The right-wing Yamina party called his pledge a transparent case of “spin,” designed to lure its voters to his Likud, and its chair Ayelet Shaked opined Wednesday that he could render the Jordan Valley part of Israel with a simple cabinet vote inside a day if he was serious about it. It’s not clear that the current transition government could do anything of the sort; it is clear that, whatever the voters may have made of his promise, almost all of Israel’s political leaders, outside Likud, are highly skeptical.

New Right chairwoman Ayelet Shaked (L) and party No 2. Naftali Bennett speak to reporters in the West Bank settlement of Efrat on July 22, 2019. (Gershon Ellison/Flash90)

But Tuesday evening got worse for Netanyahu. Having concluded his broadcast regarding the Jordan Valley, he headed down south, to an election rally in Ashdod, livestreamed by Likud on social media. And Gaza’s terror groups apparently watched him on his way. As he prepared to begin his address to the hundreds in the hall, and many more watching online, rocket sirens sounded: Two projectiles had been launched from Gaza — at Ashdod and nearby Ashkelon.

Netanyahu certainly did not panic. He calmly instructed the crowd to “leave quietly. But he did allow himself to be escorted from the stage by his bodyguards. He had little choice in the matter; the prime minister cannot ignore his own core security regime, and he also could not ignore the imperative for those in the hall to heed the sirens and take appropriate shelter.

But the footage of an Israeli prime minister, whose capacity to ensure security for Israel is a major component of his electoral appeal, being compelled to temporarily abandon an election rally because of a rocket attack from the Hamas-run territory next door, constituted potential electoral catnip for his rivals.

To the right, Yamina’s Naftali Bennett rushed to term the scene a “national humiliation.” Netanyahu’s nemesis, Avigdor Liberman, said it showed his Gaza policy was bankrupt. His main rivals in Blue and White boasted that one of their candidates, Gabi Ashkenazi, had not left the stage where he was appearing in Ashkelon at around the same time, because, as Ashkenazi told his audience, “We are not afraid.” Said Blue and White’s leader Benny Gantz: “If I’d been there, I wouldn’t have moved.”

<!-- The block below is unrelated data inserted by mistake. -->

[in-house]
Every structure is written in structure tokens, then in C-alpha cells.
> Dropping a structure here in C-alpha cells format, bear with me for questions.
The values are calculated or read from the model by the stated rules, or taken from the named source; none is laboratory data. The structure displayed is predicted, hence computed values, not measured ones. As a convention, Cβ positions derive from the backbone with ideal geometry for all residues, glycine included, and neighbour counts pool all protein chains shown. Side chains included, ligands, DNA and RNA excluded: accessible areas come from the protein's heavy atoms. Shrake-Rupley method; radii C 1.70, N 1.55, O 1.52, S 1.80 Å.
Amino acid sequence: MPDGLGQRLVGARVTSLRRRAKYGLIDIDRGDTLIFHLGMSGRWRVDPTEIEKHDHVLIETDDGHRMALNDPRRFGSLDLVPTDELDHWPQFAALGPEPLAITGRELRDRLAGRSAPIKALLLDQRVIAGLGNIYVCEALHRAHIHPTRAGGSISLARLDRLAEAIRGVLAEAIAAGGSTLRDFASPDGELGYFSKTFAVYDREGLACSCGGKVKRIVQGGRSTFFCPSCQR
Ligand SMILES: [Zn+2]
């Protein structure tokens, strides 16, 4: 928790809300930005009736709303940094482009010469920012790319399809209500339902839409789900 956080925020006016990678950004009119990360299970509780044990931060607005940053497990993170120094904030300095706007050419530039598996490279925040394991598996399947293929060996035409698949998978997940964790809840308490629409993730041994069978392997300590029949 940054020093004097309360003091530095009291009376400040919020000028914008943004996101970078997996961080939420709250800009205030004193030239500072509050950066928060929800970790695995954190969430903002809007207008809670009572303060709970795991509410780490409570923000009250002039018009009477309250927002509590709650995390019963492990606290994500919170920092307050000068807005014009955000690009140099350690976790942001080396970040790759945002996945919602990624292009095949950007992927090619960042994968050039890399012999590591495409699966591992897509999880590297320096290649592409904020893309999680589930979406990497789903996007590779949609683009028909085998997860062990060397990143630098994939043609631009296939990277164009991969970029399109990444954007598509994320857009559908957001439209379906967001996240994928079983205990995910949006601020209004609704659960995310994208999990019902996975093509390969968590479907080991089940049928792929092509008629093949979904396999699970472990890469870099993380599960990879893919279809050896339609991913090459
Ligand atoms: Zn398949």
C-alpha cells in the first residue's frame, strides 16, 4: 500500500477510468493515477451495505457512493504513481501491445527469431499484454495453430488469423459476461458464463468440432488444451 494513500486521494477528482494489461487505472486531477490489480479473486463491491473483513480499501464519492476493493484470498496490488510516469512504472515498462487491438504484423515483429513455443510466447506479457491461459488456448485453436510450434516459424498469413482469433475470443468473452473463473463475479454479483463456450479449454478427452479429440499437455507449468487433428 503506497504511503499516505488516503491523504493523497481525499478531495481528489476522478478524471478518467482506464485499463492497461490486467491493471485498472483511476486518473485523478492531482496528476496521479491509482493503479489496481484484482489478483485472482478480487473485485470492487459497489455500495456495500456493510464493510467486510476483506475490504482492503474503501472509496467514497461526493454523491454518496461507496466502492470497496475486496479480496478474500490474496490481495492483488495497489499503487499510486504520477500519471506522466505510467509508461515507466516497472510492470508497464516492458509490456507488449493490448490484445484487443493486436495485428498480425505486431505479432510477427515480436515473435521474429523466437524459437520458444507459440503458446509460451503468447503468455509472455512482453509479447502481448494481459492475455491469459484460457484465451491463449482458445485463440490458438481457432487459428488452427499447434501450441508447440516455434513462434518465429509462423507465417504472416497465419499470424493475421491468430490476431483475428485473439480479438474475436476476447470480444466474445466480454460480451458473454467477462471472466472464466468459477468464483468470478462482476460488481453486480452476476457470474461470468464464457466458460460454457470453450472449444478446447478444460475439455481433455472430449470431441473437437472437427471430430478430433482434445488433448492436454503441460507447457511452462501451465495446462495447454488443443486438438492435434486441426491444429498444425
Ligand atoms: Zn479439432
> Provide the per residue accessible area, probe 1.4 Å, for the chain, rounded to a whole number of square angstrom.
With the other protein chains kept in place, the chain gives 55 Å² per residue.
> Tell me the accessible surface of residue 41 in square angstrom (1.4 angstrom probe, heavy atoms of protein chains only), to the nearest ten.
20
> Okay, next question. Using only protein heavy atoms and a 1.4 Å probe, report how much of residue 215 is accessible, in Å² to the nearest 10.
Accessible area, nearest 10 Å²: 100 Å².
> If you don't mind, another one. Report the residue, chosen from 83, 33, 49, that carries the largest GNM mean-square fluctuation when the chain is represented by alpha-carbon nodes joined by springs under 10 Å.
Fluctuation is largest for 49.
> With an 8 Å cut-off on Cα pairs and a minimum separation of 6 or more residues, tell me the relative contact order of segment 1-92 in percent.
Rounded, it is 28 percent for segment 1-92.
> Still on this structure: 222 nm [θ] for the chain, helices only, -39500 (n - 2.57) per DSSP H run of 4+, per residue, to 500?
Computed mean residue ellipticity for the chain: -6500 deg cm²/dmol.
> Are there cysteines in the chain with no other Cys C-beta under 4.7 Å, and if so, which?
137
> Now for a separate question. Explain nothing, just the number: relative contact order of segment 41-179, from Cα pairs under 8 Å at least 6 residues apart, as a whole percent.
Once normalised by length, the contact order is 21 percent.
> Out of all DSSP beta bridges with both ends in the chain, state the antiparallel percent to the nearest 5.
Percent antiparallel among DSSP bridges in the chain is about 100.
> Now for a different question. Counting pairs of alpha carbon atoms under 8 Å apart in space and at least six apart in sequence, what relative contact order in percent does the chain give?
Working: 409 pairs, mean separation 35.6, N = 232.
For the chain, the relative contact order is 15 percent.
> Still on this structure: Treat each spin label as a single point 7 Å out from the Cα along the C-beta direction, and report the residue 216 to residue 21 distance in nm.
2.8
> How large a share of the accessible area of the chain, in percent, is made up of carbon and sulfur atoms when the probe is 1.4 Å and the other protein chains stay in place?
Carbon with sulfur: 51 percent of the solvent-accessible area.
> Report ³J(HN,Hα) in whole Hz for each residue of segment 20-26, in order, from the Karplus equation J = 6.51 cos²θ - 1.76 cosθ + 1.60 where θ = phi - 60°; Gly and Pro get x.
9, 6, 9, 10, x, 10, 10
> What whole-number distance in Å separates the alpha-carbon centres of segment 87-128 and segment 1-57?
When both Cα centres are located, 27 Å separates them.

And on Wednesday, the Blue and White leadership gathered in Ashkelon to set out how it would handle the ongoing attacks from Gaza. “We will not tolerate Hamas in Gaza carrying out what we saw yesterday and what we have seen for the past year and a half,” declared Gantz. “We have to change our policy… If necessary, we will intensify our assault against Gaza, we will move to overwhelming assaults by air and to targeted assassinations and any other appropriate measures… We will change this reality.”

Left to right: Blue and White alliance leaders Moshe Ya’alon, Benny Gantz, Yair Lapid and Gabi Ashkenazi speak to the press during a tour of the border between Israel and the Gaza Strip, near Kibbutz Kfar Aza, on March 13, 2019. (Menahem Kahana/AFP)

Gantz, and Liberman and Bennett for that matter, have vowed often in the past to follow similar policies, while castigating Netanyahu for buying calm by allowing Qatar to distribute millions of dollars in cash to needy Gazans; to date, the Israeli electorate has not been persuaded in sufficient numbers to support them for it.

Well aware that most of his rivals are less skilled than he in the political arts, Netanyahu by Wednesday morning was bouncing back, condemning Blue and White for gloating at his misfortune, and denouncing his domestic political rivals in the same breath as Israel’s terrorist enemies. “I don’t know where they celebrated more,” he fumed, “in Gaza or with [Blue and White No. 2 Yair] Lapid and Gantz.”

Even as further Gaza rockets targeted southern Israel on Wednesday afternoon, he was finalizing plans to fly to Sochi on Thursday, for another intended vote-boosting appearance, with Russian President Vladimir Putin. But the blows kept coming; he suffered another, albeit predictable defeat Wednesday afternoon when his bid to fast-track legislation to deploy cameras in polling stations on election day was rejected by the Knesset. And in Sochi Thursday, Putin kept him waiting for three hours before their get-together.

In short, Netanyahu is doing everything he can to look like a winner, while a multitude of forces and factors have combined to undermine that image in these final days of the campaign. Being ushered offstage under rocket fire is emphatically not the look he was going for. But Netanyahu is nothing if not resilient.

Prime Minister Benjamin Netanyahu taken off stage during a campaign event in Ashdod due to incoming rocket sirens, September 10, 2019. (Screenshot: Twitter)